F. and S. Marriott 140 Newbegin, Hornsea, England, HU18 1PB

May 2010. Stephanie died peacefully on 19th April after a short stay in hospital. She had been suffering from acute cervical cancer. Fred will continue to run the business to the best of his ability. The web site is slowly getting under control again as he tries to take over some of Stephanie's responsibilities, and learns some of the mysteries of Dreamweaver.

Metering Systems

by Stephanie Marriott

Introduction

Types of meters

Meter Display

Uncoupled Meters

Coupled Meters

Exposure Values

Introduction

While modern cameras routinely have fully automated exposure control, older cameras offer a variey of metering solutions ranging from no metering at all through to automated metering.

This piece attempts to explain some of the terms used when describing older metering systems but please note, it is only concerned with cameras with built-in meters.

Types of meters

Most older cameras have either a selenium cell meter or a CdS meter. The CdS metering system requires a battery - check that a suitable battery is still available. A few cameras have an extinction meter which requires no batteries but is difficult to use and possibly less accurate. For more about extinction meters, see the Leudi extinction meter instructions, which give a good explanation of how one is used.

Meter Display

The majority of older cameras with meters have a match-needle meter. This will have either a display window on the top plate or a viewfinder display, and sometimes both. The display will show a notch or needle and a moving pointer. Match the pointer to the fixed marker to get the correct exposure or a correct exposure reading.

Uncoupled Meters

An uncoupled exposure meter means that the meter reading has to be transferred from the meter display to the camera aperture ring and shutter manually. On some cameras the meter reads in exposure values (also called light values), which are set on the shutter.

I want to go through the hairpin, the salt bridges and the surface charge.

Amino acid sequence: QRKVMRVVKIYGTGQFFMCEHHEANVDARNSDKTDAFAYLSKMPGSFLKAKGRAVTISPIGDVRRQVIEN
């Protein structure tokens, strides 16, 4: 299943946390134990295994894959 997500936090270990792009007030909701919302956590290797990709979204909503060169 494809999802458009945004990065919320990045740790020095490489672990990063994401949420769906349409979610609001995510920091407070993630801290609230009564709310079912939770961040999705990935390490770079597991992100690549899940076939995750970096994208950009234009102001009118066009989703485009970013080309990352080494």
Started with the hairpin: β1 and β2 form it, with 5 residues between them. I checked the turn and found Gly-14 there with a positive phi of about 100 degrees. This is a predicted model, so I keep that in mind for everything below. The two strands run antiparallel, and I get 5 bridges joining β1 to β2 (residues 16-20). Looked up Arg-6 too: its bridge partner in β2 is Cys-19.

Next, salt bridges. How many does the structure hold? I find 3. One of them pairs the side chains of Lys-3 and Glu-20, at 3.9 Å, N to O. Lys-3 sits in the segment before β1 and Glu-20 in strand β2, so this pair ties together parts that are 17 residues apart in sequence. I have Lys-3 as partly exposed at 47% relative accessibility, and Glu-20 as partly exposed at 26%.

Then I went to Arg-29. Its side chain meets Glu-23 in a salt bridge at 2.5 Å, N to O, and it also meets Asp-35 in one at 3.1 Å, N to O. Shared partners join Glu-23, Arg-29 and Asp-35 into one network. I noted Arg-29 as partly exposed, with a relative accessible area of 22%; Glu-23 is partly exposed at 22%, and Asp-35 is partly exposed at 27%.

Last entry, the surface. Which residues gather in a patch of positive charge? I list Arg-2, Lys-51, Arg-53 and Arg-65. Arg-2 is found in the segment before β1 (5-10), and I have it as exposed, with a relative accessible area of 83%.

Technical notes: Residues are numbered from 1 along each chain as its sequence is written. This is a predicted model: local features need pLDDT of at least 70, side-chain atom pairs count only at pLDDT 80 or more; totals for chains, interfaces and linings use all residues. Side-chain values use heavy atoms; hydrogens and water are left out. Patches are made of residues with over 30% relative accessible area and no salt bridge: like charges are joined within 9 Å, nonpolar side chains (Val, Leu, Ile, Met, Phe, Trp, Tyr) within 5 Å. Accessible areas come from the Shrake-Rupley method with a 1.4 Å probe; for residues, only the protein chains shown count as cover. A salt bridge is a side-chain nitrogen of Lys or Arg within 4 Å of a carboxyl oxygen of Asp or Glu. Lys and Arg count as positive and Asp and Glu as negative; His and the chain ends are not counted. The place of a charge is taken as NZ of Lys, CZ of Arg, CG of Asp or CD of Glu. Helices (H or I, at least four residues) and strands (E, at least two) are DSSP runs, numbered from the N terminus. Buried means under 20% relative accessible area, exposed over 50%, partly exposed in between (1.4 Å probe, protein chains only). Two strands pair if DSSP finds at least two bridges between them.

Coupled Meters

A coupled meter has a linkage between the meter and the camera apertures and/or shutter speeds so that when the meter is set, the settings are automatically transferred. For an example of how to use a camera with a coupled meter, see Voigtlander Vito CLR instructions.

Exposure Values

Exposure Values were an idea which appeared on many cameras of the mid-fifties and after.

A camera with an exposure value shutter has a linkage between the aperture ring and the shutter speed ring and a new scale, the exposure value scale. The linkage can be disengaged, usually by pulling one ring gently away from the other, to set a new exposure reading. This is done using the EV scale.

After that, as long as the light stays constant, all that is required is for the desired shutter speed or aperture to be selected; an increase in shutter speed will automatically bring about a reduction in aperture so that the amount of light falling on the film remains constant. Similarly, increasing the aperture causes a reduction in shutter speed.


Other information

Advertisement (1939)

Top of Page

Photographic Pages

Advertising

Articles

Book Reviews

Catalogue

Classic Camera Magazine

F.A.Q.

Instruction Books

Links

Pieces

Shop

Spares and Repairs

We Buy

Useful Pages

What's New? - with details of recent updates to the Marriott site

Site Contents

How to Contact Us

Catalogues

Photographic Equipment

Model Railway Catalogue

Book Catalogue

Stamp Catalogue

Google

Web www.marriottworld.com

http://www.marriottworld.com/metersystems.htm (C) F. and S. Marriott